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Release: Sept. 15, 2000

Sept. 27 concert of new works by David Gompper will celebrate relationships with colleagues

IOWA CITY, Iowa -- David Gompper, a faculty member in the theory and composition area of the University of Iowa School of Music and director of the UI Center for New Music, will present a concert of his recent compositions at 8 p.m. Wednesday, Sept. 27 in Clapp Recital Hall on the UI campus. The concert will be free and open to the public.

Gompper, a pianist, will perform several works with UI School of Music faculty members, graduate students and guest artists. Other works will be performed by student ensembles. The complete program and performers will be:

-- Three Preludes for organ, performed by music faculty member Delbert Disselhorst;

-- "Caedmon’s Hymn" for mixed chorus, performed by the UI choral ensemble Kantorei, directed by music faculty member Timothy Stalter;

-- "A Song Cycle" on six poems by Marvin Bell, Iowa Poet Laureate and a professor in the Iowa Writers’ Workshop, performed by Gompper with music faculty members Katherine Eberle, mezzo-soprano; John Muriello, baritone; Susan Jones, soprano; Stephen Swanson; bass; and Diana Gannett, string bass; with guest artist Pamela Weest-Carrasco, harp;

-- "Transitus" for wind ensemble, performed by the UI Concert Band, directed by UI faculty member Myron Welch; and

-- "Shadows II" for piano, percussion and brass quintet, performed by the Iowa Brass Quintet with Gompper and UI graduate student Jon Donald, percussion, and directed by graduate student Ching-chu Hu.

In part, this program is a celebration of Gompper’s relationships with other faculty at the UI. For example, several works on the program are being performed by the original faculty artists for whom they were written. The Three Preludes were written for Disselhorst in 1996, for the dedication of a new organ in Seattle. One of the Marvin Bell songs was written for Eberle in 1997, and two others were written for Eberle and Gannett, who with Gompper premiered them in Brazil in August.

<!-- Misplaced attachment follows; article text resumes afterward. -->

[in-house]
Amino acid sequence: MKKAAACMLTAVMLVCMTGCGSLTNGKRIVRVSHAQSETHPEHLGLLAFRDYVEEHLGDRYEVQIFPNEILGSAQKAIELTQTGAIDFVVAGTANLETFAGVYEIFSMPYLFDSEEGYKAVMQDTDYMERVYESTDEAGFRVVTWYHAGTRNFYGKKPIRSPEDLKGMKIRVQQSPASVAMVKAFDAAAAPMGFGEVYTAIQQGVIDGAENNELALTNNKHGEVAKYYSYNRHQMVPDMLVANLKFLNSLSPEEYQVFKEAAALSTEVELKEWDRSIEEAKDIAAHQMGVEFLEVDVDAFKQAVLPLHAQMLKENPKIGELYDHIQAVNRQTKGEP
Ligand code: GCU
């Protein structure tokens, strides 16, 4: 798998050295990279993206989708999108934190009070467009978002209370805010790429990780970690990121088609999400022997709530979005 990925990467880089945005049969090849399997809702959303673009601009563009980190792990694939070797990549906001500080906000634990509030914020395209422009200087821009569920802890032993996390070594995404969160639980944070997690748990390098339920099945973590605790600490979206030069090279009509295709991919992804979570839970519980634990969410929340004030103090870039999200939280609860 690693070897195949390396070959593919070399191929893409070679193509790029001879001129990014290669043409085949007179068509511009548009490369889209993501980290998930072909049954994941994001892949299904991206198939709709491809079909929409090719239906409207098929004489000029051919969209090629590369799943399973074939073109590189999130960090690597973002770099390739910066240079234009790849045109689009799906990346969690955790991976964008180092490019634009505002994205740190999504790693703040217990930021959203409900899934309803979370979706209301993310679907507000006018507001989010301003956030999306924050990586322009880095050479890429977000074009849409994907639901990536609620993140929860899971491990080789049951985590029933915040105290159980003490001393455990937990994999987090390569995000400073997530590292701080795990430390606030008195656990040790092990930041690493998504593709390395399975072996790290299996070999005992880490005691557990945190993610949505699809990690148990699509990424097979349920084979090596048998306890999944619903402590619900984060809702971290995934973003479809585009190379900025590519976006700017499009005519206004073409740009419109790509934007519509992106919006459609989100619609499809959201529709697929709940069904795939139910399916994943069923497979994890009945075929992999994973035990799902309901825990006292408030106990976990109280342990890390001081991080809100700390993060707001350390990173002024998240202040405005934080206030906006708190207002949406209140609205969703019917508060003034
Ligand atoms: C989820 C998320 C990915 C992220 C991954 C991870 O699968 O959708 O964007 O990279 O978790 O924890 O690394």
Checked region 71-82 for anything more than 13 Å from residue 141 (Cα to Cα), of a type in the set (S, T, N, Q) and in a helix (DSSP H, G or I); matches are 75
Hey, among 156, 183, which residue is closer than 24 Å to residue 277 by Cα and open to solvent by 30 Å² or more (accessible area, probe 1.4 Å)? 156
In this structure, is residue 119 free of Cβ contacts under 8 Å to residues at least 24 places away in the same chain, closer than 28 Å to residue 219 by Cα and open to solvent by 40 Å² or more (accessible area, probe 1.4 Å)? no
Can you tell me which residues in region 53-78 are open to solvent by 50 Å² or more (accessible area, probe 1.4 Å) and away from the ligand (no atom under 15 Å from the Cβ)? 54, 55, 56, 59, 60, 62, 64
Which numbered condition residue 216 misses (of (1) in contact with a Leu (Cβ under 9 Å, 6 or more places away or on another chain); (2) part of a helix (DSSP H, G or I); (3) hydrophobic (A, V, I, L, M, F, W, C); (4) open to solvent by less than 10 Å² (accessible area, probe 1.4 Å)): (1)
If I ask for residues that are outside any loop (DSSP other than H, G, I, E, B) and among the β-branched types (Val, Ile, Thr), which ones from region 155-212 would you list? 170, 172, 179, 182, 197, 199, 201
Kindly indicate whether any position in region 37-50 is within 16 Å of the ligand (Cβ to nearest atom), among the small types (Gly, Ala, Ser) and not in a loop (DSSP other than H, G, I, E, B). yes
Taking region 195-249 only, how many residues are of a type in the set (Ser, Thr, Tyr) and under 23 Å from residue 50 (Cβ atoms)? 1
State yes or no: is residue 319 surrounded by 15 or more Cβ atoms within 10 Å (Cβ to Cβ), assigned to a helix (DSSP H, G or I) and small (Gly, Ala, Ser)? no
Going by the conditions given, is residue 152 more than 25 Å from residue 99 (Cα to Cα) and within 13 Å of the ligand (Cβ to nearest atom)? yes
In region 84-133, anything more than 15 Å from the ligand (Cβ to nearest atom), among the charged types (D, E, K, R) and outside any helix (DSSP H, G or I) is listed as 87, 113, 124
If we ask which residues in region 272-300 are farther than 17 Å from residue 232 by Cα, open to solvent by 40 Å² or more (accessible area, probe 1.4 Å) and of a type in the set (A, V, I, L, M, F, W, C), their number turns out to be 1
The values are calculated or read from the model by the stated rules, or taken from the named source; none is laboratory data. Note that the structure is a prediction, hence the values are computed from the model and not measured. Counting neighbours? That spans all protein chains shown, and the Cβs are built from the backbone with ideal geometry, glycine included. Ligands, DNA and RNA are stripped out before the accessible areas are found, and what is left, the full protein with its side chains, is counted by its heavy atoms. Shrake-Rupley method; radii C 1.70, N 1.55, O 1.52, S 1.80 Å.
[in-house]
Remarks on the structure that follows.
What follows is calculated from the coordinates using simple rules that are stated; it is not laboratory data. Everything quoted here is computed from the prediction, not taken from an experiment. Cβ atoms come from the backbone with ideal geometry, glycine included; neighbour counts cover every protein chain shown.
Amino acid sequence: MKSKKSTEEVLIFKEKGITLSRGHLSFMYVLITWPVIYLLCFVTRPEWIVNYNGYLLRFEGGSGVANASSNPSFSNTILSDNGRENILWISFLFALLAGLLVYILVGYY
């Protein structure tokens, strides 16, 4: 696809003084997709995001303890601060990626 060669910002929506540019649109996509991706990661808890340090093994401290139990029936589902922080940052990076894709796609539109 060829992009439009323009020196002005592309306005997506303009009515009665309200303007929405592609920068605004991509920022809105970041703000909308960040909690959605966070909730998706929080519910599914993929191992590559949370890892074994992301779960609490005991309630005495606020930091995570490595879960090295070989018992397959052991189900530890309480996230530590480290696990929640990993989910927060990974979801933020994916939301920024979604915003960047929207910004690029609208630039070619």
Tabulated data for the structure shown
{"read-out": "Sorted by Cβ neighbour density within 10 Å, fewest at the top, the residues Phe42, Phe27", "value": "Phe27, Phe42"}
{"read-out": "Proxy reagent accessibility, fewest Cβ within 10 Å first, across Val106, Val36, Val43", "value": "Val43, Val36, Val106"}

Two other of the Marvin Bell songs were written for "Words and Music," a course that Gompper and Bell have taught together at the UI since 1993. In the class, student poets and composers are paired together to create songs together. In conjunction with the class, and as an example for the students, Gompper and Bell have created new works together, too.

"Shadows II" was commissioned by the Iowa Music Teachers Association (IMTA). One of Gompper’s most recent works, it was premiered in Clapp Recital Hall June 4, 2000 during the IMTA state convention. That performance featured Gompper with the Iowa Brass Quintet and conductor Ching-chu Hu.

The large ensemble works are a little older. "Caedmon’s Hymn," based on the oldest known poem in Old English, was written in 1986 and premiered in Ann Arbor, Mich., July 26 of that year. "Transitus" was commissioned by the University of Texas-Arlington. It was premiered by the UT-A Wind Ensemble and conductor Ray Lichtenwalter in Carnegie Hall in New York July 5, 1992.

Gompper joined the music theory and composition faculty of the UI School of Music in 1991. He received his Bachelor of Music degree at San Diego State University, a Master of Music from the Royal College of Music in London, and a Doctor of Musical Arts degree in composition from the University of Michigan. His teaching experience includes two years at the University of Nigeria in Nsukka and a faculty position at the University of Texas at Arlington.

Gompper has received numerous awards for his academic and musical achievements, including the Charles E. Ives Prize for composition from the American Academy and Institute of Arts and Letters and a Composers Fellowship from the National Endowment for the Arts.

His "Lament for Bosnia" was premiered in 1998 by the UI Symphony and Choruses as part of "Global Focus: Human Rights ’98," the UI’s year-long celebration of the 50th anniversary of the Universal Declaration of Human Rights. Of his other compositions, "Transitus" was premiered at Carnegie Hall and "Flip" was premiered by the Kansas City Chamber Orchestra.

Recently, Gompper traveled to Thessaloniki, Greece, and the University of Auckland in New Zealand to lecture on current American musical trends in composition. In May 1999 he performed a concert of his works and lectured at the Moscow Conservatory of Music in Russia. He has also served as a cultural specialist for the United States Information Agency in Kwangju, South Korea.

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